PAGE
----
Adam and Eve took the fruit and fled into the far country. Many today do the same. Many others, however, refuse the fruit — but only on the serpent’s terms. Like older brothers, we aim to keep our Father’s rules. We do so, however, not because his rules are satisfying, but only because they’re right; not because holiness is glorious, but only because it’s obedient; not because fellowship with God is happifying (as Jonathan Edwards used to say), but just because he says so.
Which brother we become matters little to the devil. As long as we live within his world — a world where the gifts are scarce and the God is stingy — he is happy whether we rebel or “obey.” As long as we cease to hear and sing creation’s song of praise, the serpent is pleased.
Deeper Than Self-Denial
If humanity’s first sin arose when we believed the serpent’s lie, then our repentance must go deeper than rule-keeping or self-denial. After all, some of this world’s most marvelous rule-keepers are still tenants in the serpent’s world. No, our repentance requires more: we must break free from his spell altogether, and return to the real God in the real world.
We must bend our ears upward once again to hear the heavens sing, “Glory!” We must feel again that heaven and earth, though fallen now, still pulse with God’s pleasure (Psalm 104:31). We must wade again in this delicious stream called creation, remembering that God himself is the fountain (James 1:17). In other words, we must step past the ancient lie and believe once again that God created us to be happy in him.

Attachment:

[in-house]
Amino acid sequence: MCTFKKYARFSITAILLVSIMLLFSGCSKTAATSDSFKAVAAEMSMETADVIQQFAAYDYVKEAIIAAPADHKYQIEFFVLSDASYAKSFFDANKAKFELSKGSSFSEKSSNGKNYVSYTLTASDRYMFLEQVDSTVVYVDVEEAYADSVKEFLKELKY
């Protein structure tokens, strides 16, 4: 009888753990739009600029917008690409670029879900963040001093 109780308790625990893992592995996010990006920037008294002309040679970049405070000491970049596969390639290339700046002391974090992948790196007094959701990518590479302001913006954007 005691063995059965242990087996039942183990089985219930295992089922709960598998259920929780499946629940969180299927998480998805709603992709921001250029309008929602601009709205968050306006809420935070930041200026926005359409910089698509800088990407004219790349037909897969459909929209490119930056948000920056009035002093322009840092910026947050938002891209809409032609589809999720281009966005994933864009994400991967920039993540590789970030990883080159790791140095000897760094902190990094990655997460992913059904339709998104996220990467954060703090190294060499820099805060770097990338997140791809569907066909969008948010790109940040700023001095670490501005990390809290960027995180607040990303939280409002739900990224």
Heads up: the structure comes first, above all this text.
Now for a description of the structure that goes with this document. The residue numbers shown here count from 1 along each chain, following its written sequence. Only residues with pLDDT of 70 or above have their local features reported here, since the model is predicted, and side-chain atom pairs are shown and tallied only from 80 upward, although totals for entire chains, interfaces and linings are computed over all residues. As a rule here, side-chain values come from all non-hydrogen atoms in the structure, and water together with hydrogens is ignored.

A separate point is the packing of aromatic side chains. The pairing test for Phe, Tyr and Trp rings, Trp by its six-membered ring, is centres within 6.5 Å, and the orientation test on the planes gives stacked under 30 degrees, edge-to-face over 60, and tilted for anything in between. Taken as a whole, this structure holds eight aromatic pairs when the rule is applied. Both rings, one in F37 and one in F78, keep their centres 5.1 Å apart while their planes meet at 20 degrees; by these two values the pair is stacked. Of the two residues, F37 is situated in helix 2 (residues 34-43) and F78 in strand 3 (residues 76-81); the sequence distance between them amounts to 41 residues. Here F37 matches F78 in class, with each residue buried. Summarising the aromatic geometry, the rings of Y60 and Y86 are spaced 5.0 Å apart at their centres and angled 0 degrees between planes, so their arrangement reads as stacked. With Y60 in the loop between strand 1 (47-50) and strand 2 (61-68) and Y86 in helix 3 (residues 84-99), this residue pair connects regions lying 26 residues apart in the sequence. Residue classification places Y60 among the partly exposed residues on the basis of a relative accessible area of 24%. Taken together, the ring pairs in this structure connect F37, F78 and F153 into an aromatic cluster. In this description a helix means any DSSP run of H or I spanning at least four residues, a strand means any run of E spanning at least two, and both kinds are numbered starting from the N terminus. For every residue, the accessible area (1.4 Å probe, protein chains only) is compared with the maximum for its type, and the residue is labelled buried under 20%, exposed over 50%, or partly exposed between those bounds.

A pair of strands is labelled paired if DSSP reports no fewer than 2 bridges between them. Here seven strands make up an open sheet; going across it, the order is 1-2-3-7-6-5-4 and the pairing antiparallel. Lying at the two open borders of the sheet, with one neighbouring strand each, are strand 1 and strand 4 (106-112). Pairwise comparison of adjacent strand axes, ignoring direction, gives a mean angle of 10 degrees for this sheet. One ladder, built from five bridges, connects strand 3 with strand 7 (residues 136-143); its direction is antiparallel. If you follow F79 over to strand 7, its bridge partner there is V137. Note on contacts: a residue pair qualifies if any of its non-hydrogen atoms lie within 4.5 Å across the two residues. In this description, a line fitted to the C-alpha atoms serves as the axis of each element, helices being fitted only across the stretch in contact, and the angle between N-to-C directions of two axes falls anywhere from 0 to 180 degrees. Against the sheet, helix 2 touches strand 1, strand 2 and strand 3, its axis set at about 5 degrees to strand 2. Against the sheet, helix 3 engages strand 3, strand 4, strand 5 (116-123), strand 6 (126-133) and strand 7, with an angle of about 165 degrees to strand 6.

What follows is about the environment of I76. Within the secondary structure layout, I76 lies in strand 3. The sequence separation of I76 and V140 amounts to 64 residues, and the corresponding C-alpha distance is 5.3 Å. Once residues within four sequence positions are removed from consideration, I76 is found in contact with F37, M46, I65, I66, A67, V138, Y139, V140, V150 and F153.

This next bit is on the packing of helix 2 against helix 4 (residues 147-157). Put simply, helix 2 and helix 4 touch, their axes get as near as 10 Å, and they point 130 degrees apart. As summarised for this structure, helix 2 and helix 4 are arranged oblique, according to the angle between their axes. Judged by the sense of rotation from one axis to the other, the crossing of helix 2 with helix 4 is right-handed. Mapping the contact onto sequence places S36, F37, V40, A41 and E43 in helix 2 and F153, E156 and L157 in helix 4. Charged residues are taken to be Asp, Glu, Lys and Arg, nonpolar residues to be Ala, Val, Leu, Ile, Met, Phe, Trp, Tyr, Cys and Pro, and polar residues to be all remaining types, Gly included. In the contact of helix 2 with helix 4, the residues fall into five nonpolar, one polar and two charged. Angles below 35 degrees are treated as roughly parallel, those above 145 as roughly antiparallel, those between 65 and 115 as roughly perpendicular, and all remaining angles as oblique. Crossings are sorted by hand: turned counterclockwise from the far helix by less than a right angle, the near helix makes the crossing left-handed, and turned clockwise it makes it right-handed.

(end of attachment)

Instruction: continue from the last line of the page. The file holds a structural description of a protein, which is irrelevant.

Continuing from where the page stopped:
As soon as we “taste and see that the Lord is good” (Psalm 34:8), and that he himself is our “exceeding joy” (Psalm 43:4), everything about our pursuit of holiness will change. We will still deny ourselves, practice obedience, and kill our sin, to be sure. But we will not dare for a moment to think that we are exchanging happiness for holiness.
We will trade away our sin because we have seen the treasure to be found (Matthew 13:44). We will forsake the lusts of our flesh because, as Jesus promised, “whoever loses his life for my sake will find it” (Matthew 16:25). And even when we must sacrifice something precious to follow Christ, we trust that we will “receive a hundredfold now in this time . . . and in the age to come, eternal life” (Mark 10:30).
The Holy Spirit teaches us not only to obey God, but to enjoy him — indeed, to obey him by enjoying him. He teaches us not only to withstand the devil’s temptations, but as Martin Luther put it, to laugh our adversary to scorn. He teaches us not only to wonder at the mercy of Christ, but to breathe a grand sigh of relief, amazed that joy has been so near at hand all this time. Discipline does not defeat the devil — happiness does.
Join the Father’s Feast
From where we stand now, of course, we can look to more than creation to see the happiness of God, and to nurture our happiness in him. We now have seen wonders that the morning stars could never have imagined.
We have seen a God so happy that he could bear up under a world of sorrows without breaking (Isaiah 53:3). A God who recognized the joy set before him so luminously that he could endure the darkest shame (Hebrews 12:2). A God who runs to meet his prodigal children, too delighted to be dignified (Luke 15:20). A God who even now holds out his own joy to every older brother who will come in from the cold and join the celebration (Luke 15:31–32).
Come now, older brother, put up your ear to the door. Can you hear the saints’ laughter? Can you hear the angels’ praise? Can you hear the Father singing over his children who’ve returned?
Whatever we must forsake to walk inside this door, there is always more ahead of us than what we leave behind. So go ahead: Turn again to that serpent in the darkness, and laugh his bruised head to scorn. And then open up the door, and join your Father’s feast.